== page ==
…So why is Apple doing it? It must think either a) LinX technology is so impressive customers need to see it and be blown away, or b) it will cover for limitations in Apple’s standard camera technology which fell behind Samsung’s Galaxy S6, especially as the gap is about to widen further with the Galaxy S7.
Samsung’s imaging advantage is going to be a vital weapon for the South Korean company, and with the launch of the Gear360 camera it’s going to extend that lead over Apple, especially if the Galaxy S7 family can easily defeat the iPhone 7 family in a straight shoot-out. So why not have a ‘special team’ camera phone? Is maintaining an air of superiority with the fragmentation of the iPhone line?
The latest round of patents issued to Apple point to some interesting potential hardware choices for future devices. With the likely removal of the 3.5mm stereo headphone socket, the patent for a ‘detachable wireless listening device’ could be something seen by consumers. A pocketable bluetooth receiver is connected to Apple earbuds, with a magnetic breakaway connection in the cable. Mikey Campbell for Apple Insider:
Crucial to Apple’s invention is a magnetic attachment mechanism that connects the listening device (earbuds and accompanying cable) to the host cord for battery recharging and wired audio signal transmission. When the earbud-side cord becomes detached, the system can be programmed to detect the state change, automatically pause the charging process and activate wireless communications. The ability to free one’s headphones from a bulky host device provides a host of benefits, not the least of which being freedom to move without fear of getting wrapped up in wires.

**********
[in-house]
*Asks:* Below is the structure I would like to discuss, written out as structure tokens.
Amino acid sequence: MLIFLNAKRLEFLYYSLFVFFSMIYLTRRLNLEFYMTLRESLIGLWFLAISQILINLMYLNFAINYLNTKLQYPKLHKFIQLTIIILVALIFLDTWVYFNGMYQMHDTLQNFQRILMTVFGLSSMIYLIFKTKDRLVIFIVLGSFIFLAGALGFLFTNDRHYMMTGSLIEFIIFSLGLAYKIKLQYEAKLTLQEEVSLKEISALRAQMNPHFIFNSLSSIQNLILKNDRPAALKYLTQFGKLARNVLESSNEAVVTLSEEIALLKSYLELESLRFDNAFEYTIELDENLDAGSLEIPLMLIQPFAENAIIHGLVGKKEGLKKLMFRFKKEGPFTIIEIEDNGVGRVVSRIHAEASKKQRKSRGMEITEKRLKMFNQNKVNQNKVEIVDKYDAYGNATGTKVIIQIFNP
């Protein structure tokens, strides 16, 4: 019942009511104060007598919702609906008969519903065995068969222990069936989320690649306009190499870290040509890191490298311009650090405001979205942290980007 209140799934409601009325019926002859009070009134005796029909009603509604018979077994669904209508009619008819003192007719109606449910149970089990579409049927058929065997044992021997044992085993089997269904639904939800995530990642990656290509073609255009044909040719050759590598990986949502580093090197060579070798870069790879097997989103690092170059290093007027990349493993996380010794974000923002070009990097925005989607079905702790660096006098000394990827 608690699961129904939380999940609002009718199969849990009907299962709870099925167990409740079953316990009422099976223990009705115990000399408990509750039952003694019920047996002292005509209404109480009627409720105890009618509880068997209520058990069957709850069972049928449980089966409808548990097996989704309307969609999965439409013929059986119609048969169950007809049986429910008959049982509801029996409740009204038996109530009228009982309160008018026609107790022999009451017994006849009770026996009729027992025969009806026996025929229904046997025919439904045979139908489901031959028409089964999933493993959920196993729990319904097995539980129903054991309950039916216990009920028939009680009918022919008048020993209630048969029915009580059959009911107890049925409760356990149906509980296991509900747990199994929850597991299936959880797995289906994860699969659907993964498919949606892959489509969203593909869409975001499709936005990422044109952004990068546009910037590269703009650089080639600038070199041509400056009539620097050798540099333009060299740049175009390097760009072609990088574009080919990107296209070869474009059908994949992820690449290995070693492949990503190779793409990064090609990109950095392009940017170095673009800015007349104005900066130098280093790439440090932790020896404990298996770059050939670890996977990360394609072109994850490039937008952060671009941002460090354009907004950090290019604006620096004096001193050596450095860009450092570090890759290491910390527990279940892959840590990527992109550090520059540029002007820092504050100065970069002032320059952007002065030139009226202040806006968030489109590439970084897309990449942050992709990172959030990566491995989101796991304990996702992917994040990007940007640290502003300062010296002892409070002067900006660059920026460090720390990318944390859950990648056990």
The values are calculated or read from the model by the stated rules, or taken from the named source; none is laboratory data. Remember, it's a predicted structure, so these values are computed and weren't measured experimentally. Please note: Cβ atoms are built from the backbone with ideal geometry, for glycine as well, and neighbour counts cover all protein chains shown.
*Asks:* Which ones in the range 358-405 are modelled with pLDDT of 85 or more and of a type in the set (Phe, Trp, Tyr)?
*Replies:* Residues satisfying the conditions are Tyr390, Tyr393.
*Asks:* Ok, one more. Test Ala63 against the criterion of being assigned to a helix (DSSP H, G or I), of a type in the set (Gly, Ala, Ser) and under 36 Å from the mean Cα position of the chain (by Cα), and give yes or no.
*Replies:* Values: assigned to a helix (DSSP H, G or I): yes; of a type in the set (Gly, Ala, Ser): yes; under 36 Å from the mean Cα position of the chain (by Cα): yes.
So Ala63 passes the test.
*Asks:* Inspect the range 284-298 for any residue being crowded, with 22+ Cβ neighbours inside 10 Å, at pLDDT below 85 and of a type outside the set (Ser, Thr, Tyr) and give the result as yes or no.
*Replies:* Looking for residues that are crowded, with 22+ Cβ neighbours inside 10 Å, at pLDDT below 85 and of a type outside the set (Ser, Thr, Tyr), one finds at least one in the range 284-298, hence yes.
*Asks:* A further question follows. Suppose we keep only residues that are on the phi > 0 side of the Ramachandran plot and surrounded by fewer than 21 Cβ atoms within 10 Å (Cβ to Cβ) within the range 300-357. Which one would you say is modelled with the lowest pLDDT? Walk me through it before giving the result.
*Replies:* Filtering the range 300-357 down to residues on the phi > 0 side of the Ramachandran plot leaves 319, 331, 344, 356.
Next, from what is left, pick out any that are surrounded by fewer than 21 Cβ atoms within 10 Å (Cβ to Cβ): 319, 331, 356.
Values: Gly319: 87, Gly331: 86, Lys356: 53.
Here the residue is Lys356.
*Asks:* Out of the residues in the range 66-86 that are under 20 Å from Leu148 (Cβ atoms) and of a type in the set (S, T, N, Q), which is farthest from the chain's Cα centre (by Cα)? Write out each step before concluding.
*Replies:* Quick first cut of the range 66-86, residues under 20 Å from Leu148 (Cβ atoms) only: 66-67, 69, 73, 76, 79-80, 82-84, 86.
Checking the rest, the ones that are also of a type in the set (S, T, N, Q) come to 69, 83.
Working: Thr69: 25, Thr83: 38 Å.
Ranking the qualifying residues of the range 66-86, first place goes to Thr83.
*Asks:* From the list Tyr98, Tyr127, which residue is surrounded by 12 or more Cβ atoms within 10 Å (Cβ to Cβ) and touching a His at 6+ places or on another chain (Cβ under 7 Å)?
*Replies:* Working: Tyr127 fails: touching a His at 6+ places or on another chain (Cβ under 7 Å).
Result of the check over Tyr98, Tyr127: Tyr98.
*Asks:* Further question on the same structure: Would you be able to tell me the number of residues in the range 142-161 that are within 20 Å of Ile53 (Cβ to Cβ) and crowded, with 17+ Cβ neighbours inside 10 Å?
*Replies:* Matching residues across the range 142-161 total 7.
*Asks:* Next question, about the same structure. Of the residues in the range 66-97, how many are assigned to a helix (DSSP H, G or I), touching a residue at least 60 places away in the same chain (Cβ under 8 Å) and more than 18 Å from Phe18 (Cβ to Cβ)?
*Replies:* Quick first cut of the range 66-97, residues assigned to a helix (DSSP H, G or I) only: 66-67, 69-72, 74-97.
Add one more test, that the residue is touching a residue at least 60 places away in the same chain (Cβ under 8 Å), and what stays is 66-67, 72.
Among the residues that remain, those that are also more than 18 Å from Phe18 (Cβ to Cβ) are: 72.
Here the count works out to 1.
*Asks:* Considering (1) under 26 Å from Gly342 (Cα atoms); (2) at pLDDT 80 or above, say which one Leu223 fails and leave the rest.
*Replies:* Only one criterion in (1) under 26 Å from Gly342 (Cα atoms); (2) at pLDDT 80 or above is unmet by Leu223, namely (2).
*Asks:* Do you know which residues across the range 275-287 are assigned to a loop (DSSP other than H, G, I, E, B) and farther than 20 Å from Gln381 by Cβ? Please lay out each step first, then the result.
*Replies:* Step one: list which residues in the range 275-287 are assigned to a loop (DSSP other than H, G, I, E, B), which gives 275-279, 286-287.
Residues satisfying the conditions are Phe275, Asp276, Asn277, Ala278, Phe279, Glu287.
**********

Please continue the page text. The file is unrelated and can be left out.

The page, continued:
Meanwhile, I took the time to look over Apple’s patent for flexible screens and circuitry and screens. We might not see a curved iPhone, but these changes offer something even more important… protection and ruggedness:
I could see Apple switching to ‘flexible’ circuitry and screen technology before that point, even if there is no curve in the iPhone design. As technology gets smaller, the ability to absorb impact damage is reduced. As a great many people are quoted as saying, ‘it’s not the fall that kills you, it’s the sudden stop at the bottom that does the damage.’ By working flexible circuits and screens into the iPhone, the stress of an impact no longer needs to be focused through a fixed point into unyielding element. Wear and tear Incidents like #bendgate would likely be reduced as well.
Last year, New York based musician Dave Wiskus was not happy with Apple Music’s social network Connect. His blog post attracted a lot of coverage and a personal email from Trent Reznor to assure him his concerns were being addressed). It’s now eight months later, and Wiskus returns to his blog to discuss what has changed. Nothing has changed.
As far as I can tell, there have been no changes to Connect since it launched. I haven’t heard any murmurs from behind the scenes about interesting things happening. Aside from my support emails the last I’ve seen or heard from anyone about Connect was that email from Reznor. Apple Music Connect feels abandoned.